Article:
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Model for air resistance

  1. Dec 31, 2005 #1
    My maths teacher before we broke up for christmas asked the class to work out a simple model for air resistance for an object that is dropped given that the resistive force is proportional to the square of the velocity. I've spent about 10 minutes thinking about it, and this is what I came up with. (I hav'ent read anything on the matter, so any suggestions, corrections, improvements etc would be kind)

    Since without air resistance, 0.5mv^2 = mg(h0 - h1)
    (h0 > h1)
    therefore with air resistance that is proportional to the square of the velocity, that means that 0.5mv^2 + mg(h1 - h0) + k(h0 - h1)v^2 = 0
    Therefore, v^2 = (mg(h0 - h1)) / (0.5m + k(h0 - h1))

    I tried this when m = 5 kg, h0 - h1 = 1 metre, k = 1.5, so if no air resistance, v = sqrt(19.6), but if air resistance is taken into account, then v = 3.5 m/s.
    This makes sense, but ideas would be helpful.
  2. jcsd
  3. Dec 31, 2005 #2


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    Homework Helper

    Air resistance is proportional to the square of the velocity, or R = kv². That all. There is no h0 or h1 involved.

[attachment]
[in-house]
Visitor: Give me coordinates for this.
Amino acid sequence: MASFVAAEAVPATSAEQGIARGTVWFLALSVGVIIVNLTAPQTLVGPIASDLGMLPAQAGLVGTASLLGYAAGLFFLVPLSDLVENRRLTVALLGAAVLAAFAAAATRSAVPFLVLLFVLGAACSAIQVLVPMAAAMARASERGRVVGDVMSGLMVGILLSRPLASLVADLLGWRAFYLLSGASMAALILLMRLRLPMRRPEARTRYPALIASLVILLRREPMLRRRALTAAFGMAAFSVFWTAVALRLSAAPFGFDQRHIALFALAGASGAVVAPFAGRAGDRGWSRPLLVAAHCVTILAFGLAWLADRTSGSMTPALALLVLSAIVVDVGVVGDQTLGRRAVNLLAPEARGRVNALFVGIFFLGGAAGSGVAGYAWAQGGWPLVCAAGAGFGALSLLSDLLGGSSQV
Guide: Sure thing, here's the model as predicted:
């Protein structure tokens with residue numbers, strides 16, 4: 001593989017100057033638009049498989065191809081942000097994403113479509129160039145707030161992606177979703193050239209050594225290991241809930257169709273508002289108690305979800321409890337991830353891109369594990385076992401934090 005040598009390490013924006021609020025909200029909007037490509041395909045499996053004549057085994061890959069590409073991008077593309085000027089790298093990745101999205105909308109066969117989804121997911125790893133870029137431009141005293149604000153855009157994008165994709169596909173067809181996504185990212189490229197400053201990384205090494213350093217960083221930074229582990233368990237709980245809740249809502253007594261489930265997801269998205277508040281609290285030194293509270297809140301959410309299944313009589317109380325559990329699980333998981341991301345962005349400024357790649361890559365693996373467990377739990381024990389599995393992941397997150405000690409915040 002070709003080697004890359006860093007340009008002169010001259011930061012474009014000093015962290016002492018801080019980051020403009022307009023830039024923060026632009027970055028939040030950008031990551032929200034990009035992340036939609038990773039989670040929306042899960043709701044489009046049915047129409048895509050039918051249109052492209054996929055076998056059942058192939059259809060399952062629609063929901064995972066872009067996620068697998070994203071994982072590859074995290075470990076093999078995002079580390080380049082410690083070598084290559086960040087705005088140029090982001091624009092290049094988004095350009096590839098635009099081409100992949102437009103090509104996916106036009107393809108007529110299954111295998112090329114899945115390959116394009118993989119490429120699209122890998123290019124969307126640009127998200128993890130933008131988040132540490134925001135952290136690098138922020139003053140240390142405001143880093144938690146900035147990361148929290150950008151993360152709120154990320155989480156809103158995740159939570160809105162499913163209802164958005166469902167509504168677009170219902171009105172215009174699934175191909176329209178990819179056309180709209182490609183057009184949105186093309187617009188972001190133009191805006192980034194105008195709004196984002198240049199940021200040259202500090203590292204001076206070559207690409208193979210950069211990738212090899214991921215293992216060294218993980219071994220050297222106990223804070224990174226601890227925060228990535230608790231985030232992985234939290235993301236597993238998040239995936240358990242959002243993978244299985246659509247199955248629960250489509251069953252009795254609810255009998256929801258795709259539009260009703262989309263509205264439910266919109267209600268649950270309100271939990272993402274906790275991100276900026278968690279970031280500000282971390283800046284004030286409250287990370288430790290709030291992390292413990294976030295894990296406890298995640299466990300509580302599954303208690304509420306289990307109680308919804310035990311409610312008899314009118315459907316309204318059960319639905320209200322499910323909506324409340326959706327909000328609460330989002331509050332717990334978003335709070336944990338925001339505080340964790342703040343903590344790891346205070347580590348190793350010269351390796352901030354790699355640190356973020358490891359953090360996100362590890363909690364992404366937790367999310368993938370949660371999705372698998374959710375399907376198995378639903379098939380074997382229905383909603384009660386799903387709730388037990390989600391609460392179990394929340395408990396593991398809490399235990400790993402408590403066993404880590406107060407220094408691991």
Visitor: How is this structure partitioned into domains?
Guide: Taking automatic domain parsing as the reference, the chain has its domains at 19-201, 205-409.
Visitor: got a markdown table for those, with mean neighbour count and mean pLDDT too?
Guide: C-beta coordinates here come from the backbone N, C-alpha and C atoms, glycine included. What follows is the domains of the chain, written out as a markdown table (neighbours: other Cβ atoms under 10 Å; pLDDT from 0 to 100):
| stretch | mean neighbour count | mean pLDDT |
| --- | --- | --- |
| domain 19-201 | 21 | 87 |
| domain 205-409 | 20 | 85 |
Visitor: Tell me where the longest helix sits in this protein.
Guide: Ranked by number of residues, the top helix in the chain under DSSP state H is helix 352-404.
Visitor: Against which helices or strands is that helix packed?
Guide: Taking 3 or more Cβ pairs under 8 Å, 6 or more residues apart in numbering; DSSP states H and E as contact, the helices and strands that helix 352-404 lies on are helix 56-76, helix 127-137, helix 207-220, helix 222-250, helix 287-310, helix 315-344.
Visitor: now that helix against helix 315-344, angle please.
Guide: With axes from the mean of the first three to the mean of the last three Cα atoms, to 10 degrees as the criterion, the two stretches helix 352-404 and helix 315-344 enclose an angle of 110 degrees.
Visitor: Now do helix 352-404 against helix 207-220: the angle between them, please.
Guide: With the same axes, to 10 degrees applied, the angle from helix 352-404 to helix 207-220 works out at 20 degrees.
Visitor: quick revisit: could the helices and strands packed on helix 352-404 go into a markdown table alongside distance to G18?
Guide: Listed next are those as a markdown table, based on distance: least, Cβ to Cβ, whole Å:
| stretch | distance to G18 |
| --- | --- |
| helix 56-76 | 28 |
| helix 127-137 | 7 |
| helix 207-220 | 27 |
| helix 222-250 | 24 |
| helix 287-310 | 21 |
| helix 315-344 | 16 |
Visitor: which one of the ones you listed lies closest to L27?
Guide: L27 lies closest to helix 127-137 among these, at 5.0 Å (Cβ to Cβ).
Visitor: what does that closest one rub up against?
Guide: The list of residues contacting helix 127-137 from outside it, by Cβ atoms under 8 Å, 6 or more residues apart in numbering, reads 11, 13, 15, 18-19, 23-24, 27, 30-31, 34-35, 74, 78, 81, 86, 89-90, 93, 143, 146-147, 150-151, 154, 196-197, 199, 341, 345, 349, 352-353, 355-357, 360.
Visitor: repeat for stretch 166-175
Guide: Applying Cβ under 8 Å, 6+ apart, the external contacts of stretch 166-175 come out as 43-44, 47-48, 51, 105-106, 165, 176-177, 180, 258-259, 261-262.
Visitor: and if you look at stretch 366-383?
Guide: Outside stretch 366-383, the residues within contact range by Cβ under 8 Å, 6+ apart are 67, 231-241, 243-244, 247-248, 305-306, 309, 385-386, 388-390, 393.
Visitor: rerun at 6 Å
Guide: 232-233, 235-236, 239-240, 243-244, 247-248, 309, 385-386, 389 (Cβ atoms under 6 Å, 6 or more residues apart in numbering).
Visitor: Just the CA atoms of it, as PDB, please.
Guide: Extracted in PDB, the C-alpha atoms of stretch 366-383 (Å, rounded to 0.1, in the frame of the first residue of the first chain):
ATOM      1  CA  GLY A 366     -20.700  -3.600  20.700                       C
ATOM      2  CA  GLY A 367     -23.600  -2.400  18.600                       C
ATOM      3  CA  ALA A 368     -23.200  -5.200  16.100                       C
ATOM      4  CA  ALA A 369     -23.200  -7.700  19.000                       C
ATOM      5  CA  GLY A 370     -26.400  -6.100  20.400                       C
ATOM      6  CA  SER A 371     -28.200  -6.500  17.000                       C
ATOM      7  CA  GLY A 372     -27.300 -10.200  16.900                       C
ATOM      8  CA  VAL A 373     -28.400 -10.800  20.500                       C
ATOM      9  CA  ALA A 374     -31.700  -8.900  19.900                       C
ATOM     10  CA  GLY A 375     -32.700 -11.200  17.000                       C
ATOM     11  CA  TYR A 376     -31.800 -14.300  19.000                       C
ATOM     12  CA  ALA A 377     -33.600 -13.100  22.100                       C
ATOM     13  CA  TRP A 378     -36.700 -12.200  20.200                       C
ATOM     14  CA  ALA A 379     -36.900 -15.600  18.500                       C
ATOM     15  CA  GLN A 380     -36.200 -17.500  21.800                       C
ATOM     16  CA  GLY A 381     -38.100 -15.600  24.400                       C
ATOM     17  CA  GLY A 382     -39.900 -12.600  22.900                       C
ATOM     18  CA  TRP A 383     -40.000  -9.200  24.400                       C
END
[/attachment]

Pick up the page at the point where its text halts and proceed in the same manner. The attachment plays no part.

The air resistance is a force which reduces the accelerating force on a moving body.

    If a body is falling through the air, then the forces acting on it are 1: its weight = mg, acting downwards, and 2: the air resistiance R = kv², acting up, opposite to the direction of motion.

    So, the effective accelerating force is: F = mg - R.
    From newton's 2nd law,

    F = ma
    mg - kv² = ma
    mg - kv² = mdv/dt

    Edit: corrected the typo. Thanks gamma.
    Last edited: Dec 31, 2005
  4. Dec 31, 2005 #3

    I see why you wrote the above. You tried to use the conservation of energy. However, the problem is the air resistance is propotional to the velocity and velocity is not constant. Rather it increases with ((h1 -h0). So your equation is incorrect. Right way is to do what Fermat has suggested. You have to solve the differential equation.

    There is a typo in Fermat's posting. DE should be

    mg - kv² = m dv/dt


  5. Dec 31, 2005 #4


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    To phrase what Gamma just said in a different way, air resistance is not a "conservative force" and so total kinetic and potential energy is not conserved. Better to set mass times acceleration equal to total force- the equation Gamma gave. By the way, for small, relatively light, objects, air resistance is proportional to the square of speed. For heavier objects it is proportional to speed itself.
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